Rearden Commerce: SOA empire in the making?

Summary:Who is Patrick Grady? That's a question that is likely to be answered many times over in the coming months as his"employee business services" company, Rearden Commerce, gathers market momentum.

Who is Patrick Grady? That's a question that is likely to be answered many times over in the coming months as his"employee business services" company, Rearden Commerce, gathers market momentum.

Grady told our own Dan Farber that it was the "extreme audacity" of the undertaking that kept him quiet about it since it was launched in 1999. But nowRearden has emerged -- on a foundation ofWeb services architecture -- with a platform for automating and orchestratingthe procurement of air travel, car rental, package shipping, conferencing and other business services.

Leveraging XML and other Web services technologies, the company has built a platform that enables companies to manage "maverick spending" and reduce costs associated with disparate vendors of business services. By providing greater visibility into spending levels and compliance with procurement policies, Rearden intends to save its clients vast sums each year.The prospect already has attracted an array of well recognized clients. Among them:Cingular, Genesys, JDS Uniphase, Motorola, Warner Music, and Whirlpool.

One attraction lies in the ability to aggregate application functionality, rules and information. "The applications are in different silos, with no interoperability or integration with calendars, address books and devices. It's a big hairball," Grady said. "At macro level, you reach a state of diminishing returns. With the introduction of each successive application, the adoption rate goes down. Contained in applications are the business rules, polices and negotiated rates a company has sourced with vendors. If employees don't use the applications, lots of money is lost."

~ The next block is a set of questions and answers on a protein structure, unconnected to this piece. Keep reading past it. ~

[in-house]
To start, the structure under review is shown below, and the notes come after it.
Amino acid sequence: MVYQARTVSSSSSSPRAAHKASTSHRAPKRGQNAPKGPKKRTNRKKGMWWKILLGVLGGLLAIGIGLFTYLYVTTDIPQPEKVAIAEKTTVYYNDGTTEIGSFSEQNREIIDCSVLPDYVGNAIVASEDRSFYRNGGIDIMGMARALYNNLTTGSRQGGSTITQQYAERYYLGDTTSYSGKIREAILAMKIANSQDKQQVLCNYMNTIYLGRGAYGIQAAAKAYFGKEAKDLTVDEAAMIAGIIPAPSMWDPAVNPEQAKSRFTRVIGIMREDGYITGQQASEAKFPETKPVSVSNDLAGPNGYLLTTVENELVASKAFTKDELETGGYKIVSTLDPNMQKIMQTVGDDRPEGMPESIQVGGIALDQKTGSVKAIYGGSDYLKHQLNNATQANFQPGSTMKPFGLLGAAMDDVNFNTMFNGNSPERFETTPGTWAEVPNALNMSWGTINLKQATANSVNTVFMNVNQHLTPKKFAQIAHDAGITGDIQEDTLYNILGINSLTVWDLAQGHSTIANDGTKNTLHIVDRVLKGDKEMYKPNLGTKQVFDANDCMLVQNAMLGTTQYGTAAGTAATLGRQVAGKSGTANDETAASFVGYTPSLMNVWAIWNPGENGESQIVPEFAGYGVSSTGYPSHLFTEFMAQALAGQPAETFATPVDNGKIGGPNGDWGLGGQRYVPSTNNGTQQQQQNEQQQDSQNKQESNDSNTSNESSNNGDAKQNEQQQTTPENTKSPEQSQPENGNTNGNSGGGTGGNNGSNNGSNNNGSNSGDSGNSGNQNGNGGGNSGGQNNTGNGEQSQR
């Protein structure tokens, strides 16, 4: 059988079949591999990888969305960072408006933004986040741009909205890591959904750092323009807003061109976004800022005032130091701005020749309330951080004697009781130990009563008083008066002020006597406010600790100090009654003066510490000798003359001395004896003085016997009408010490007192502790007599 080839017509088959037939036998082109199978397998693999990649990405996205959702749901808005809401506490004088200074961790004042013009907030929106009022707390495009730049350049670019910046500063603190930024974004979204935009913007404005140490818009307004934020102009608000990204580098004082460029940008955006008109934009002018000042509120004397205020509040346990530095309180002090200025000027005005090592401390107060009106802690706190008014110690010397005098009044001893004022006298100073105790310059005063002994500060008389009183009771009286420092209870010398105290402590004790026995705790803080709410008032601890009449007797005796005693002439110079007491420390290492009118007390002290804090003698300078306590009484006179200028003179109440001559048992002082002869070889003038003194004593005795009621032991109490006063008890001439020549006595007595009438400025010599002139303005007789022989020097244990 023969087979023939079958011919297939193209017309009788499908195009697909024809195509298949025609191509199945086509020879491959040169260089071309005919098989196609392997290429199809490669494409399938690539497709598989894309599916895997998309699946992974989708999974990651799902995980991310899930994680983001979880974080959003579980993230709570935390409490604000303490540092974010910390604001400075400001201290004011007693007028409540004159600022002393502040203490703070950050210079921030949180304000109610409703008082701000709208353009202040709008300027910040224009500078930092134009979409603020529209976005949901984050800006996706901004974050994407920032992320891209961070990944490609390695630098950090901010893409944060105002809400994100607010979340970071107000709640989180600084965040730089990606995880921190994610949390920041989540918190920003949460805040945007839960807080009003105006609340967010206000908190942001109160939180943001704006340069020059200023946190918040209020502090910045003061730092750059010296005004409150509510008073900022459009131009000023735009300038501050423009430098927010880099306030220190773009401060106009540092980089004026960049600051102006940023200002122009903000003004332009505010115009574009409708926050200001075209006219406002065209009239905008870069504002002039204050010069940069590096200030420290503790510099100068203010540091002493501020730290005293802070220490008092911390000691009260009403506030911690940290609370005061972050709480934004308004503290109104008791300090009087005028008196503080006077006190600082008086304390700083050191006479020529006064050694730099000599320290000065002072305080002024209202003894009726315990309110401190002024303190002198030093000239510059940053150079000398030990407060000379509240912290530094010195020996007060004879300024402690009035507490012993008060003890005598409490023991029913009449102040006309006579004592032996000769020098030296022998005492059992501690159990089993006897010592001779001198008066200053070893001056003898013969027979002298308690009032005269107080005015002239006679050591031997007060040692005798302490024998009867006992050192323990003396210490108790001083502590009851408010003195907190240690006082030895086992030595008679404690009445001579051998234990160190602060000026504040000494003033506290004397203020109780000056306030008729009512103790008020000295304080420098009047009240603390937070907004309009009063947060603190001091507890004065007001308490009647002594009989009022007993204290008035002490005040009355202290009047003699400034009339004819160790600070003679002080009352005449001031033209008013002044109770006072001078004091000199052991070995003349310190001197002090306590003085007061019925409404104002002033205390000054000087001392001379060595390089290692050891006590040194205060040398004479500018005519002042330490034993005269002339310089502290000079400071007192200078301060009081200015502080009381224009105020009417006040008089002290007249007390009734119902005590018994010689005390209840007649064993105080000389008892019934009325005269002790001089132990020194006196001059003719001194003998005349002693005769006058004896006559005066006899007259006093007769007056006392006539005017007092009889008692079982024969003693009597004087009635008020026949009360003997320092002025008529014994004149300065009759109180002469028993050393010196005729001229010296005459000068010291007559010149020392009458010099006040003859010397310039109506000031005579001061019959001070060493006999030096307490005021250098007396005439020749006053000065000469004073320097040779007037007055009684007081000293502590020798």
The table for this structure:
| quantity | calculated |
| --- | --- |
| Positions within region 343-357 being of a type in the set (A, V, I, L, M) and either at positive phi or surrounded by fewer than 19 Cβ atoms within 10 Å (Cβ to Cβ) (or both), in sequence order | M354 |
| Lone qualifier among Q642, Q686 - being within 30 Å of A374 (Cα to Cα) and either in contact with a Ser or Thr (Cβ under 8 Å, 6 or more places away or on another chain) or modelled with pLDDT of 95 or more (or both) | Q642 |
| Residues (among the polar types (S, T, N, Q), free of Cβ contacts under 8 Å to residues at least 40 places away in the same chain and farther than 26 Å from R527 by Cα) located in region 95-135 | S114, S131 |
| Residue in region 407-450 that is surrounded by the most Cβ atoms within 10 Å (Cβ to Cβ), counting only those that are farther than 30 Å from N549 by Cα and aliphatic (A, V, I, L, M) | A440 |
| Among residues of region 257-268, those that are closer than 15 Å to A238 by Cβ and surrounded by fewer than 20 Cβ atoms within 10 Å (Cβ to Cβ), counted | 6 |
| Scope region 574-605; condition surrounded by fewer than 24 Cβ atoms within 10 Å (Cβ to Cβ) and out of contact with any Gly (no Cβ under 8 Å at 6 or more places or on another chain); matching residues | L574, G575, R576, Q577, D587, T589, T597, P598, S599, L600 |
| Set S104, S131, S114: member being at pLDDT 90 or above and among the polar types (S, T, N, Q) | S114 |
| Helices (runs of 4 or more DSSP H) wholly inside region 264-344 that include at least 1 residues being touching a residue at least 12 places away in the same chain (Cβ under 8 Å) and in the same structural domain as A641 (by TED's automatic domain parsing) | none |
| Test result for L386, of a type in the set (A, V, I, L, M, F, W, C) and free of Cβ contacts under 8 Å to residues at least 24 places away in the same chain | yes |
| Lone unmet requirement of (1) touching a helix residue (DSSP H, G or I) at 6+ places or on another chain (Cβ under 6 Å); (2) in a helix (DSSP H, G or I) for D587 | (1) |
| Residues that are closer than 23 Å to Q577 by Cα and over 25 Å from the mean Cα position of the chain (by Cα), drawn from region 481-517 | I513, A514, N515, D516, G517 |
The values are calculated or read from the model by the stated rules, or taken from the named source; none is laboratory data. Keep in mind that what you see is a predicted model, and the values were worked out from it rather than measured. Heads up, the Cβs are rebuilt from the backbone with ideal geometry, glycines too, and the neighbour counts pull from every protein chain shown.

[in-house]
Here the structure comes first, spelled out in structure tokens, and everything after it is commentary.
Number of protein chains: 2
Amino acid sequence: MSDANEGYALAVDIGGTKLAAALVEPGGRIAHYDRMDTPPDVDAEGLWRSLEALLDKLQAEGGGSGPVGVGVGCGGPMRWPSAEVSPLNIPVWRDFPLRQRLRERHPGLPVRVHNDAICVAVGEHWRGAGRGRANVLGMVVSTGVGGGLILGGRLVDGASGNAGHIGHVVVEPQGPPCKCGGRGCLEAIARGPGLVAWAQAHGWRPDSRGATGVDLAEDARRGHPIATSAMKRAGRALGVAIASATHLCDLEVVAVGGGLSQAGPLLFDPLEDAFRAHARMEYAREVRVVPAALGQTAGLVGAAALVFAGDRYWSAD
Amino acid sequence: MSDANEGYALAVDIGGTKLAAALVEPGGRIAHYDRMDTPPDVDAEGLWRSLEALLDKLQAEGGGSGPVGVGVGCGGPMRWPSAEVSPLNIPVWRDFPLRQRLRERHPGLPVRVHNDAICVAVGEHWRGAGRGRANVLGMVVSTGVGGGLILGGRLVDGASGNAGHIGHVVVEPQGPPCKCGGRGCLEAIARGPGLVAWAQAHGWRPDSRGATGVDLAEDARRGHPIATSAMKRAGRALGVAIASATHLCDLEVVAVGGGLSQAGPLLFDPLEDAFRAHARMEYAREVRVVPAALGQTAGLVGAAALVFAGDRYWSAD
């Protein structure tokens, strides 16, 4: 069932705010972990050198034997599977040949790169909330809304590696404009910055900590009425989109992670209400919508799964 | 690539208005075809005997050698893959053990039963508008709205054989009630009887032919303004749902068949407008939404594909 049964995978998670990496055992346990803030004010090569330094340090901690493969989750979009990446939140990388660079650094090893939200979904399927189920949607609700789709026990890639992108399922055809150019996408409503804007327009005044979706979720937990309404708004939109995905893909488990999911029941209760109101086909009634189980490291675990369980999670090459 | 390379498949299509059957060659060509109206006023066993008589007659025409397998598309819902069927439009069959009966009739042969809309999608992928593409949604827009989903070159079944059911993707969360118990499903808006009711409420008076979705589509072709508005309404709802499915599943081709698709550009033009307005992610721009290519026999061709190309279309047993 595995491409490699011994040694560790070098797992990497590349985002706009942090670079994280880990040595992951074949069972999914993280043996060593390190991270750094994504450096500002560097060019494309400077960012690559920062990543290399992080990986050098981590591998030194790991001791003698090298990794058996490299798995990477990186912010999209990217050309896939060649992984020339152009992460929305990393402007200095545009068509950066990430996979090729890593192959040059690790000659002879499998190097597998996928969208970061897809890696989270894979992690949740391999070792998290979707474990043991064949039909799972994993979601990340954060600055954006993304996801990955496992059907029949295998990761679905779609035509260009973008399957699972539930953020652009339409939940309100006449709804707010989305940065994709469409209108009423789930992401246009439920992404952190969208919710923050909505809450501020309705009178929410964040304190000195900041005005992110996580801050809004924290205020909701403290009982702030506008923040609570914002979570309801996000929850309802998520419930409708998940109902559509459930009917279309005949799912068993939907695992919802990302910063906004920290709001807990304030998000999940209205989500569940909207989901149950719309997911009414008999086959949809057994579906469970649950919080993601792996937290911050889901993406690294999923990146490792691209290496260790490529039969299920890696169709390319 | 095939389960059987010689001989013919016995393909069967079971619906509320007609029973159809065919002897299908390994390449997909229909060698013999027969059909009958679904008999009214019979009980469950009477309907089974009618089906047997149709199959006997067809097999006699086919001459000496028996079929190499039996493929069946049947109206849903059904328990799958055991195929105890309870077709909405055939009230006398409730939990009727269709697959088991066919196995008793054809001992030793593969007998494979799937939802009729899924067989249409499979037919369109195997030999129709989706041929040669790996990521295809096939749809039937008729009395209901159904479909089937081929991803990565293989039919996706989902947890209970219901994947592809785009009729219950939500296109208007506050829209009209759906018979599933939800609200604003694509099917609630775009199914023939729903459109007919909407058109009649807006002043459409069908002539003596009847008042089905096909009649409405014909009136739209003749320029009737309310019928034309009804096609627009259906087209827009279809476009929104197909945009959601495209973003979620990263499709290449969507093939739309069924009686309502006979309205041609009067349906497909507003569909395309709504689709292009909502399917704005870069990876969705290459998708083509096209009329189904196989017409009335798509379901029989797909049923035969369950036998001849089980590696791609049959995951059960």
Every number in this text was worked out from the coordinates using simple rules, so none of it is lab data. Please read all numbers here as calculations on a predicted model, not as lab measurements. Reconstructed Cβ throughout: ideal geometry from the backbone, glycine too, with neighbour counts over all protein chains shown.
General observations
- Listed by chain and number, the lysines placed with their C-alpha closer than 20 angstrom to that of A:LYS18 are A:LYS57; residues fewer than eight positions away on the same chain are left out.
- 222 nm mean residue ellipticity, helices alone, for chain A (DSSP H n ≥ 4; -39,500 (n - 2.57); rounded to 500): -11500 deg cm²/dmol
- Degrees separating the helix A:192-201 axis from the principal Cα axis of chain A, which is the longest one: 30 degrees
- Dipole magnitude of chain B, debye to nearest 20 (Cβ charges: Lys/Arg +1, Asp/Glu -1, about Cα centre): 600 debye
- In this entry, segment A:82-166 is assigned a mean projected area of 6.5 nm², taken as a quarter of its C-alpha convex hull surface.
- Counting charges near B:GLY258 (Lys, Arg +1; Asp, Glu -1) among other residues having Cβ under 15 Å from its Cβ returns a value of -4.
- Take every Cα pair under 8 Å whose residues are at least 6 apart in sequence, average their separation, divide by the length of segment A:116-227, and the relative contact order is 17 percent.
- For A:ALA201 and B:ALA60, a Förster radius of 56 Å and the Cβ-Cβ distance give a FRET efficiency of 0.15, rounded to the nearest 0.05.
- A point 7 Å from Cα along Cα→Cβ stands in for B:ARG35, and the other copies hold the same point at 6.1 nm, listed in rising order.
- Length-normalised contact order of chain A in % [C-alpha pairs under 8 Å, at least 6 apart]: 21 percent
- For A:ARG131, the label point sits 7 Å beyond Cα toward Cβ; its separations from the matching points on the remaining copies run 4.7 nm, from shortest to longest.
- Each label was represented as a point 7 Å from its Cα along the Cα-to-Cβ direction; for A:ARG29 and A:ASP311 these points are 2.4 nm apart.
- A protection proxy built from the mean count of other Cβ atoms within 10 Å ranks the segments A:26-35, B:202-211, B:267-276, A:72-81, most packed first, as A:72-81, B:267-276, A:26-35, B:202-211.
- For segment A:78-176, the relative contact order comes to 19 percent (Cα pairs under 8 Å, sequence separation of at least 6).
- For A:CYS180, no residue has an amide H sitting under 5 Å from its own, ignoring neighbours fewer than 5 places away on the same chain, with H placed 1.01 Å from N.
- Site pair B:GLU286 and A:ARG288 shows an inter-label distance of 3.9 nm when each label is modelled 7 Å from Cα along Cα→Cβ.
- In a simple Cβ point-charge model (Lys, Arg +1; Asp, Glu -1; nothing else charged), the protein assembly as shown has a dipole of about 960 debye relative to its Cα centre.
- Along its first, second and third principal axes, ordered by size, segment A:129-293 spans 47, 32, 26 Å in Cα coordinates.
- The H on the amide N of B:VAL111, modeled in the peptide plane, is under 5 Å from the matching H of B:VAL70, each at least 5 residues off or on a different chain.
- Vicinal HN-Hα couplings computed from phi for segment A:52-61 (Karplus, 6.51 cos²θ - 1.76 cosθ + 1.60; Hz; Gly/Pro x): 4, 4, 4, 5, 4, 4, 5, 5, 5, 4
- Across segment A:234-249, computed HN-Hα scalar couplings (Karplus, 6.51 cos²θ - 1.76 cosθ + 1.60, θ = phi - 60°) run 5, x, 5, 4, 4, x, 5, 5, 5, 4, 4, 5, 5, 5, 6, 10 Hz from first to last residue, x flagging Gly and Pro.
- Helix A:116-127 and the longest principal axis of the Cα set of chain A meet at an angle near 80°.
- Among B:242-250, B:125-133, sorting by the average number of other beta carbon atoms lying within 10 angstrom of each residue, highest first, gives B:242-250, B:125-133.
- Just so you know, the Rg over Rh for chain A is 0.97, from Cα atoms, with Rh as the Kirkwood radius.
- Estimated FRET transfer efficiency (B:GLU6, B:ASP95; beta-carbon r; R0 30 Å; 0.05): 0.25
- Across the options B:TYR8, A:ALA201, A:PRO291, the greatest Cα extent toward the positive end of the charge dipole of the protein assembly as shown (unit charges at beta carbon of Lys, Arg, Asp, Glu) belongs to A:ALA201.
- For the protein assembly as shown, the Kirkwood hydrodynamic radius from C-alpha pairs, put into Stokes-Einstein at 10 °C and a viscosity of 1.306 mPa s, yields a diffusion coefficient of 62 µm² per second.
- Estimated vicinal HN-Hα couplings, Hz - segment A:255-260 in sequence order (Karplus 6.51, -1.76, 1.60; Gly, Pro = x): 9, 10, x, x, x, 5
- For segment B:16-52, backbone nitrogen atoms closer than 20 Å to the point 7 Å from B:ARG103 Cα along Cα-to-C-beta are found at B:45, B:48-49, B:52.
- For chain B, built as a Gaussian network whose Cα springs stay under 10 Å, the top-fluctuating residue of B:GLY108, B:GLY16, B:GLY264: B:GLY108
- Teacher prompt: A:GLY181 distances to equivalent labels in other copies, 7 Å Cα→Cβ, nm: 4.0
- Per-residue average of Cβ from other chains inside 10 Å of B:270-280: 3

Rearden Commerce's EBS platform is based on the idea thatfunctions across different business services can be abstracted and encapsulated as reusable Web service components. "There are scores of common characteristics among services. We cracked the code and took the time on the design side to understanding common traits," Grady said. "Web services are no cure-all. We are on the ground with real knowledge of the system, and we have had to master not just Web services, but also calendaring, notification, invitations, voice and how to orchestrate and interoperate."

It's an impressive new approach. Partners like Hewlett-Packard already have signed on, recognizing its value as part of a "business process outsourcing" solution.

As a hosted, mult-tenant service, Rearden resembles salesforce.com. Services are accessible through a Web interface and its "Services Grid" enables the integration ofbusiness service suppliers. At this point, the company haspre-qualified (with service-level contracts) an array of major suppliers, with access to 80,000 hotel properties, over 530 airline carriers, and more than 50,000 restaurants.

Large corporations are expected to pay annual subscription feesof about$1.5 million (with 3-5 year contracts), while mid-market firms are expected to pay about$300,000 to $350,000 per year.Reardenclaims its clients will receive 20 percent savings by channeling requests through the system and as much as50 percent cost savings throughself-service activities -- which makes the ROI of the offering clearly worth consideration.

Grady hasgrand expectations for the endeavor."Many key industry players need standards to transact. There is one eBay, one Amazon, only four airline applications, which will rationalize to one or two vendors. We will be one of the gorillas," he told Farber."We will be lowest cost provider of services because of the stack we built."

Topics: Apps

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